Flash Fiction Spread


I've been taking a course on flash fiction (usually defined as ≥1000 words, but in this course, defined as ≥500), and I found the usual short story spreads were just giving me too much information. I'm used to longer forms of writing, so really getting to the essence of the thing, and then getting out, was a challenge, and 'more' for a plot outline wasn't helping. So, since I use tarot cards for outlining anyway, when stuck, and this set of stories was tarot themed, I decided to try my hand at my first tarot spread -- and right off the bat, it helped me nail my Popess / High Priestess card story. Thus, I finally decided to stop lurking and share something with you lovely folks, since so many of the spreads on here have (for longer projects) proved life-savers.


1) Protagonist's motivation; his/her/their/it's desire, need, or goal. I put it face down in the center, not because it's hidden, but because it's the underpinning of the entire story, and that was the easiest way for me to visualize that.
2) Protagonist; placed face up atop 1
3) Setting
4) 1st complication / obstacle; Crosses 1&2 on the lower left corner
5) 2nd complication / obstacle; Crosses 1&2 on the upper right corner
6) Ending or Resolution

I'm a native English speaker, so it was natural for me to put the early-established, relatively unimportant setting card at the bottom, and arrange the cards left to right, in a rising action. If your language is written right to left, or vertically from the top down, putting the third card on top and the fourth on the right upper corner might be more intuitive. This spread is meant as much as a visualization aid for the structure of the story as an outlining tool.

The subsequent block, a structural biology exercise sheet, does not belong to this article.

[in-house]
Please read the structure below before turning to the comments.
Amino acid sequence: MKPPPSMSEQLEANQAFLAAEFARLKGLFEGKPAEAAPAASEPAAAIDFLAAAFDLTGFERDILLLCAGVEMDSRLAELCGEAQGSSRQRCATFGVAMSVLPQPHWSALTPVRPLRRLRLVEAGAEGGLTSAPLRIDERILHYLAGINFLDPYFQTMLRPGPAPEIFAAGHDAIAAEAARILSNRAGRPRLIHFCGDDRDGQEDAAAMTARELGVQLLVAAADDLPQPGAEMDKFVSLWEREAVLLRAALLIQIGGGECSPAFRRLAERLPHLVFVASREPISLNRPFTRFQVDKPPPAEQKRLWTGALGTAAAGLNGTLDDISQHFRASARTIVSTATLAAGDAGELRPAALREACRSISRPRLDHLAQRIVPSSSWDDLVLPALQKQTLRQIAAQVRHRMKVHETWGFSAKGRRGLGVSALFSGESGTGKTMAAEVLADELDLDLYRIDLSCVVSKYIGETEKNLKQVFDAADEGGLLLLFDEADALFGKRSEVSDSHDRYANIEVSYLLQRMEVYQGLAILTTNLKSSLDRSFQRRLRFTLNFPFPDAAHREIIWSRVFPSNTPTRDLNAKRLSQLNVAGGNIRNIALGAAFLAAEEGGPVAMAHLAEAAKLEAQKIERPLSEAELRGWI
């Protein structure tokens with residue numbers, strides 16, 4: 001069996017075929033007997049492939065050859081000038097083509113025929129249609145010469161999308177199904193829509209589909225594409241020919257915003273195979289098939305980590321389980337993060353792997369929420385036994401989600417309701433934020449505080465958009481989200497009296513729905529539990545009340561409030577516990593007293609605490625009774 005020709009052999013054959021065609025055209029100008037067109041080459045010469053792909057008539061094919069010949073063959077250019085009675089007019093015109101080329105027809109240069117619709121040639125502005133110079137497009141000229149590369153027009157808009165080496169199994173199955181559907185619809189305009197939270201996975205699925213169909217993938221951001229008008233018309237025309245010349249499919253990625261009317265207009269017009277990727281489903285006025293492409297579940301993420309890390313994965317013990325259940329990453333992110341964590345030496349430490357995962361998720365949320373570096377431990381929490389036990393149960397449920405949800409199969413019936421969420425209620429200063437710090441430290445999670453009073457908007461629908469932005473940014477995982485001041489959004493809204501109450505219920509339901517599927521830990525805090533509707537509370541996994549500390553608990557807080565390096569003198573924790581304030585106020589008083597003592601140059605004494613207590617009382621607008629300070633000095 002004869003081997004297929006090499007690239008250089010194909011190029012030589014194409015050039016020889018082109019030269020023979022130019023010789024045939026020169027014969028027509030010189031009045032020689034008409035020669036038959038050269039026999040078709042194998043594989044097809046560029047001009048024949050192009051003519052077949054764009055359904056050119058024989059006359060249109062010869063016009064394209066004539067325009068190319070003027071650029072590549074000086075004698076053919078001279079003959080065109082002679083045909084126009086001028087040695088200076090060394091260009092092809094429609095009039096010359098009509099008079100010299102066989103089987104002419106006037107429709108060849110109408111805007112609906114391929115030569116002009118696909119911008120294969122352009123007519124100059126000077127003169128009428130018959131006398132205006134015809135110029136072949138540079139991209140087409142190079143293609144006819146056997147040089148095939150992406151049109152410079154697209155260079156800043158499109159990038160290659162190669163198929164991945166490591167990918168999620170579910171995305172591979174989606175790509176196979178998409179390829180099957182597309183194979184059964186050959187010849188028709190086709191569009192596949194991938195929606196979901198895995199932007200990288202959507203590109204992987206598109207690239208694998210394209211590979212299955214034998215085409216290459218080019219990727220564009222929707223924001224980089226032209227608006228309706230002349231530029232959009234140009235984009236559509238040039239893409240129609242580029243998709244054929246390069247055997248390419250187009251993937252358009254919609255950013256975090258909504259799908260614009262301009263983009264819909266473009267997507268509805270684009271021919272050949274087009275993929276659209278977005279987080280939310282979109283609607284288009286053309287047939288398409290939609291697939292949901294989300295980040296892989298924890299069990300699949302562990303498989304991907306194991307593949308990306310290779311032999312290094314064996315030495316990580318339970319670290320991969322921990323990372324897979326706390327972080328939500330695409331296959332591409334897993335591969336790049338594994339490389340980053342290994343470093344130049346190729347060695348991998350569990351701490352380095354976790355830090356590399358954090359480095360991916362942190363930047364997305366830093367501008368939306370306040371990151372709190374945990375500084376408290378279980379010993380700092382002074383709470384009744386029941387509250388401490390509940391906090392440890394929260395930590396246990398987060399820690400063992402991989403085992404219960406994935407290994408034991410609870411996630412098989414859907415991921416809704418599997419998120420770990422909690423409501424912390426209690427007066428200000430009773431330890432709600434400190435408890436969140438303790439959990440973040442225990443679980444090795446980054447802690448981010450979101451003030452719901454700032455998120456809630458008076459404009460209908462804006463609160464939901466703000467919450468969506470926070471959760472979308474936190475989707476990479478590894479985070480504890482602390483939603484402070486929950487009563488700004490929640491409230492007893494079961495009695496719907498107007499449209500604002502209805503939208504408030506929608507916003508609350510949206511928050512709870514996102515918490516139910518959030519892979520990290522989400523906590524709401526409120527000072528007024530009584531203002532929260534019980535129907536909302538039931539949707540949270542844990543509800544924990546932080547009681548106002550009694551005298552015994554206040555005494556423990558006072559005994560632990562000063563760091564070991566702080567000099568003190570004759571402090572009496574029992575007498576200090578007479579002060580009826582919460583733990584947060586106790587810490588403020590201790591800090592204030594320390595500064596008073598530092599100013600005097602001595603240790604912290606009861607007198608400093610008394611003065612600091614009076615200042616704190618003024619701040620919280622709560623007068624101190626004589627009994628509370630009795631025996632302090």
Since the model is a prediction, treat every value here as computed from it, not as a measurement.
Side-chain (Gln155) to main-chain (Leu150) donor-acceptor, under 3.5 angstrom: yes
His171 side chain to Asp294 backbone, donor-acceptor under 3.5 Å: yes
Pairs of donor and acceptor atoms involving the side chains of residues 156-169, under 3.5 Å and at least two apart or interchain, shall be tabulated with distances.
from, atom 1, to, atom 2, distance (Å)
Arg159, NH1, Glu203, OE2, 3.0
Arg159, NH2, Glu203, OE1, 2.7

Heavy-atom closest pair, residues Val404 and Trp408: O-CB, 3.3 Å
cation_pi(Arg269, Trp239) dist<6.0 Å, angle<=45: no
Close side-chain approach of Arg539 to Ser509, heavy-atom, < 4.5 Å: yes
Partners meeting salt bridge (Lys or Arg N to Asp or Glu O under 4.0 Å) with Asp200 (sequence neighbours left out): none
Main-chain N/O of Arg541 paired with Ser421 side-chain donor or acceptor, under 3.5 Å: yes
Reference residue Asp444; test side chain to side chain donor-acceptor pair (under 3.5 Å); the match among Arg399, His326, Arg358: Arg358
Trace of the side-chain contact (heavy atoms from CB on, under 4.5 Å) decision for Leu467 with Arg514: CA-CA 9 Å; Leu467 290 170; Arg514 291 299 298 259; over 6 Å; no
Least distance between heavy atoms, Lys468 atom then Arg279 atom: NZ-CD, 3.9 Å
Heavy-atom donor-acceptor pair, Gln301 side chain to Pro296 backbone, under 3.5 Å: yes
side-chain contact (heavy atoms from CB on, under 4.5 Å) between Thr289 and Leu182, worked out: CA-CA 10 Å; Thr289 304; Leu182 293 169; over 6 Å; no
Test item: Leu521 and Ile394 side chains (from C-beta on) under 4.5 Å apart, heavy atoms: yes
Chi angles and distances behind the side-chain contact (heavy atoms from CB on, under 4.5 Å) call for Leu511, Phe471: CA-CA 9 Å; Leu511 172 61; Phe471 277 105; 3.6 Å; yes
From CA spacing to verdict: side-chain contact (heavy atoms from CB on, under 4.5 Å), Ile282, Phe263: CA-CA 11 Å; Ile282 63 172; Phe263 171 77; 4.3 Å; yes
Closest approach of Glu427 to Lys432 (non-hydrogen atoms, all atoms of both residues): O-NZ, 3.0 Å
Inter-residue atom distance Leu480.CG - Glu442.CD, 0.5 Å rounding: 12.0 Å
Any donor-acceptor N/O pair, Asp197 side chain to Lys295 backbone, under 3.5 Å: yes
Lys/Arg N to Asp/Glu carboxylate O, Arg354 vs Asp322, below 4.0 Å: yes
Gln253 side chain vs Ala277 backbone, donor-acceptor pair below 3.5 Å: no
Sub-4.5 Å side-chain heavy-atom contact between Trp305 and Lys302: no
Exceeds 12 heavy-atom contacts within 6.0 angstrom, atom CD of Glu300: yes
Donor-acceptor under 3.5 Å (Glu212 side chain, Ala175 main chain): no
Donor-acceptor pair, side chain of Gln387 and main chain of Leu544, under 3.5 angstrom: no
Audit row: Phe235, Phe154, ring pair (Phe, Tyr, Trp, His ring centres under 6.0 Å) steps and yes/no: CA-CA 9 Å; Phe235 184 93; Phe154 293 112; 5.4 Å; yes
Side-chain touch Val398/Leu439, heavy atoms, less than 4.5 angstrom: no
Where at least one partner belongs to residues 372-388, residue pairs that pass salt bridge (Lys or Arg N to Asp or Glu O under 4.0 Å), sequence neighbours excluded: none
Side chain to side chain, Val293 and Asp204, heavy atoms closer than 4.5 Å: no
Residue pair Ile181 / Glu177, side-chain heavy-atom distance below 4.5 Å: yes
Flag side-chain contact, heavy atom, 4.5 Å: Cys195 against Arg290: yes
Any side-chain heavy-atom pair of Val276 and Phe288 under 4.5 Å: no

I'd love to hear if other people find this helpful, and if it can be consistently applied.


I only wish I could fit two obstacles/complications into 500 words. :p That said, I'd need a card for an (external) antagonist in many cases, so for really short flash fiction, I might be inclined to swap one of the obstacle cards to represent that character.

This looks very interesting; next time I have a few minutes to play with, I'll give it a whirl and see what I can get from it. Thanks for posting! Always love writing-related spreads. :thumbsup:


Two complications

Yes, the complication absolutely can be an antagonist, or even two things the antagonist does that causes problems for your protagonist.

It can be that a kidnapper demands too much ransom, then moves up the deadline. Or it can be a girl wants to go on a date, but her cat knocks her keys down the airconditioner vent, then puts a hairball in her lucky pumps. Or even someone giving the protag good advice the protagonist refuses to heed (1st complication, someone saying 'don't do that' or 'not that way') because someone else is giving them conflicting, poor advice, and they realize too late which is which (2nd complication, the protag's action plan is DOA).

Aside: The course I've been taking is called "How to Write Flash Fiction that Doesn't Suck" by Holly Lisle; it's free, if you sign up for her newsletter, and has really helped me cut the fat from my writing. This spread is largely influenced by her technique.

Note: I am not getting any royalties from her, I don't know her personally, I'm not plugging this for profit, this is not meant as a marketing advertisement; I'm mentioning this as a resource for writers to check out if they're so inclined.